Gartner has recently published it’s sales of mobile devices for Q1 2013. The findings suggest that Google Android is continuing to be the star of the show, led largely by the electronics giant Samsung. The staggering figures suggest Android now accounts for 75% of mobile handset shipments – this equates to 156 million devices in a 3 month period. In all there were 425 million mobile phones sold in the same period, with 210 million of those being web enabled smartphones. With growth in non web enabled mobile phones starting to subside, it’s clear that high-end smartphone devices such as iPhone and Android are continuing to drive the market forward.
The figures could indicate that Samsung is now the biggest player in the smartphone market. The Korean firm accounted for roughly 31% of smartphone sales with Apple making up an 18% share of the market in second position. This is a huge step-change from when the two rivals were virtually on a level standing in terms of global smartphone sales for the same quarter in 2012. This trend only looks set to continue with the hotly anticipated launch of the Samsung Galaxy S4 which runs the Android OS. This should enable Android to continue to widen the gap and strengthen its foothold as market leader, in a global market increasingly driven by sales of web enabled mobile devices.
It appears that many Apple evangelists may be holding off on purchasing an iPhone 5, in favour of waiting for a new model. Apple is poised to launch a low-cost smartphone specifically designed to tap into the mass-market; a strategic move that could enable them to encroach on Google’s continuing dominance and growing market share. There are a huge number of Android devices today, aimed at a non-premium end of the market that Apple need to seriously consider. In 2007 Apple blazed a trail with the iPhone. In 2013 the trailblazing innovation appears to be coming from Google with the imminent launch of Google Glass and the much hyped self-driving car. In terms of dominance in the mobile OS market, Google is the main player with the biggest share.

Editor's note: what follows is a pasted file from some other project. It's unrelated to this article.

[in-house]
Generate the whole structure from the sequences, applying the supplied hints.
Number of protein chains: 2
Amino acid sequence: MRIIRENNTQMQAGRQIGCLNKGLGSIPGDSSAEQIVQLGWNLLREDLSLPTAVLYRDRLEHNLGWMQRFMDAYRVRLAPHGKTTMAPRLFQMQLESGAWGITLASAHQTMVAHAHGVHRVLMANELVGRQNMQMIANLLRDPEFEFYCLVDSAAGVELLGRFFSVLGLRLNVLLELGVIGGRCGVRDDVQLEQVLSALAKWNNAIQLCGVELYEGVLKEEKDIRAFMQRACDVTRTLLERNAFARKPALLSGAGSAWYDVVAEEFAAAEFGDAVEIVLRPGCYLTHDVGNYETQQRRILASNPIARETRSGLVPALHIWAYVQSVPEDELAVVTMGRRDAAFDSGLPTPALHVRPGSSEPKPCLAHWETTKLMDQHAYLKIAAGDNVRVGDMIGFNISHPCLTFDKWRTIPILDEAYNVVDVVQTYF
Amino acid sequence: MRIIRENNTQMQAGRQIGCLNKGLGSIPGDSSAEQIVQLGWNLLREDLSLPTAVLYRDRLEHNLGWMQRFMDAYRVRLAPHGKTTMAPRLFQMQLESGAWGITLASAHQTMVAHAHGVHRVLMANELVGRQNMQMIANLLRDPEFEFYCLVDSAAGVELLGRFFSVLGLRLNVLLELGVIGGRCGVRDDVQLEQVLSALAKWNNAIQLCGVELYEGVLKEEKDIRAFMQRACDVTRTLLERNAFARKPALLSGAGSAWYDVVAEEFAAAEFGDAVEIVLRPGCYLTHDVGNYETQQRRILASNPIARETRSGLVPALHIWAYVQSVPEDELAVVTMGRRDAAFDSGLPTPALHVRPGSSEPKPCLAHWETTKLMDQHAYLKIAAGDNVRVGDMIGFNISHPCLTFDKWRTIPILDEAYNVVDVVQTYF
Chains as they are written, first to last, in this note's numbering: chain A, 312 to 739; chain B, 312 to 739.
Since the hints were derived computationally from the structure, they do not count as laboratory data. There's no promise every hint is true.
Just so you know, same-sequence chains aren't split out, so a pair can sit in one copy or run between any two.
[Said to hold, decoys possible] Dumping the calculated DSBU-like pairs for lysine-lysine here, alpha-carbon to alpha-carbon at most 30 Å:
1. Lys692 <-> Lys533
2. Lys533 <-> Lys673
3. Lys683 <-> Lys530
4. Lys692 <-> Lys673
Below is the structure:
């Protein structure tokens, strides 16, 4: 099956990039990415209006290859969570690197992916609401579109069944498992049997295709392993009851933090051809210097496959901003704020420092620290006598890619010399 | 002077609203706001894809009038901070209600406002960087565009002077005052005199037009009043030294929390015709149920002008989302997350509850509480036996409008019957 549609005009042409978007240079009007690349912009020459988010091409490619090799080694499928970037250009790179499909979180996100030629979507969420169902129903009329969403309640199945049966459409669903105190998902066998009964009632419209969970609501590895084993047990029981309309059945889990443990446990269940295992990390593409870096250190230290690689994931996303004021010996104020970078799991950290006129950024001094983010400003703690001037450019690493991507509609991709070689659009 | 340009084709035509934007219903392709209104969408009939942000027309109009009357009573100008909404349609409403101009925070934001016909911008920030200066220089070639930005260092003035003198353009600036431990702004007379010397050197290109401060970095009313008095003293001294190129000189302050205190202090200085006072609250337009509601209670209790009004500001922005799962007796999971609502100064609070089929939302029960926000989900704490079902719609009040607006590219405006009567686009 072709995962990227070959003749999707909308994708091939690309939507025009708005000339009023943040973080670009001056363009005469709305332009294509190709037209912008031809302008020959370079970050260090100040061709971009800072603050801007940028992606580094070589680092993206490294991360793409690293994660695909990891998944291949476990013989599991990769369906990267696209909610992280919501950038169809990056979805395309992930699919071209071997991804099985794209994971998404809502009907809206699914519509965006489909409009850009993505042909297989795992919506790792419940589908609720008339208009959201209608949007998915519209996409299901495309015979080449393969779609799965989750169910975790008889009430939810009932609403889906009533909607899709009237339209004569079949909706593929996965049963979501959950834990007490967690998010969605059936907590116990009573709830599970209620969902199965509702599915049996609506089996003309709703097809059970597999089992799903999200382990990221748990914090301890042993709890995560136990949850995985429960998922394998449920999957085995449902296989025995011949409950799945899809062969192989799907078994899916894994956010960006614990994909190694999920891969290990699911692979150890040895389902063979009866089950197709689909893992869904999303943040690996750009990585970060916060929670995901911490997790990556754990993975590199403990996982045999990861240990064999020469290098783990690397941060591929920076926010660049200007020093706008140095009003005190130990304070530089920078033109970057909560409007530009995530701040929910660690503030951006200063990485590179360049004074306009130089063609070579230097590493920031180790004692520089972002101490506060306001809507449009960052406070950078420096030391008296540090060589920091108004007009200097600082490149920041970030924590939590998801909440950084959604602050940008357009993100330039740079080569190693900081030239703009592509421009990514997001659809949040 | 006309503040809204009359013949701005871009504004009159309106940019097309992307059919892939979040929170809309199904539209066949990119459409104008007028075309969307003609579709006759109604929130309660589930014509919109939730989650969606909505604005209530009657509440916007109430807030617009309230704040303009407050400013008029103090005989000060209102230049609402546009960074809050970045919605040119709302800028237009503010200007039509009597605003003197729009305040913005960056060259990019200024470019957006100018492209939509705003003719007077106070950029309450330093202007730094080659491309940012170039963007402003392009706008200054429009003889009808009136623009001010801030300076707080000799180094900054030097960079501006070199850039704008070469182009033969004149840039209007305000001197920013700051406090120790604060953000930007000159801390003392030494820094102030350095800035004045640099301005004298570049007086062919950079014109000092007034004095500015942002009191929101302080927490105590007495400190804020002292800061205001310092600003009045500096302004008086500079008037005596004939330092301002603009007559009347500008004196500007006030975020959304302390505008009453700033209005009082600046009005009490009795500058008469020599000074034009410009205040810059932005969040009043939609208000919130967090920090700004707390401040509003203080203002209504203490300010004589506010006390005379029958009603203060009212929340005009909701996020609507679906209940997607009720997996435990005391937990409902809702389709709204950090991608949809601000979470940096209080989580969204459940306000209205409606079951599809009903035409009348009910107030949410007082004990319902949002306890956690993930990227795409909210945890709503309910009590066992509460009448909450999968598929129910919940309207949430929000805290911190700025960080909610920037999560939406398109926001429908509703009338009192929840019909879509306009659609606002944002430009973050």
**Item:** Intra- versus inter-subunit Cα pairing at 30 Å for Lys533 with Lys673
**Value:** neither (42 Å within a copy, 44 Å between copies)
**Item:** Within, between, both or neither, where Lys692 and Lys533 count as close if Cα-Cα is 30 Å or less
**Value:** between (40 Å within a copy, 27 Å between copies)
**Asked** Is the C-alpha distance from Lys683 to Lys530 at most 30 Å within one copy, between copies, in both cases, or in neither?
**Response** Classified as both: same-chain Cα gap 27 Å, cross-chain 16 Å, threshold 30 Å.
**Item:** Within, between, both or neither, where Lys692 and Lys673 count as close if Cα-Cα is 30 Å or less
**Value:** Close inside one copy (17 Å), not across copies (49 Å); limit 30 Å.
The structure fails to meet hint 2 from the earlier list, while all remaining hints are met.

The market is also being driven by low-cost smartphone offerings from the Far east including Chinese manufacturers Huawei and ZTE. It’s sales of smartphones and feature-phones in the Far East that are representing the bulk of the numbers. In Q1 of 2013, sales of smartphones in China accounted for a whopping 25.7% of the global total. Whilst Apple still has a strong grip on premium price, high-end devices; it’s innovation in new markets that will dictate future success. With wearable tech and self-driving cars set to provide the next technological frontier, the race for supremacy will be fascinating.
However these figures don’t consider one highly fundamental metric – the revenue and margins accrued by each brand. By displaying marketshare we can’t actually see who’s making the most cash. History dictates it’s Apple that pack the killer profit margins, with Samsung practically giving away devices to gain market share. But whilst Apple’s pricing strategy has proved incredibly profitable, consumers are now more demanding of the smartphone technology, and the innovation gap is closing. Second generation smartphone owners are now purchasing a new device based on apps they already use like WhatsApp, Angry Birds etc. The fact is that Google Android can deliver on these apps at a vastly more affordable price-point and consumers no longer have to pay a premium for that experience and luxury. These figures suggest the balance of power in the global smartphone market between Apple and Google has fundamentally shifted in favour of the latter.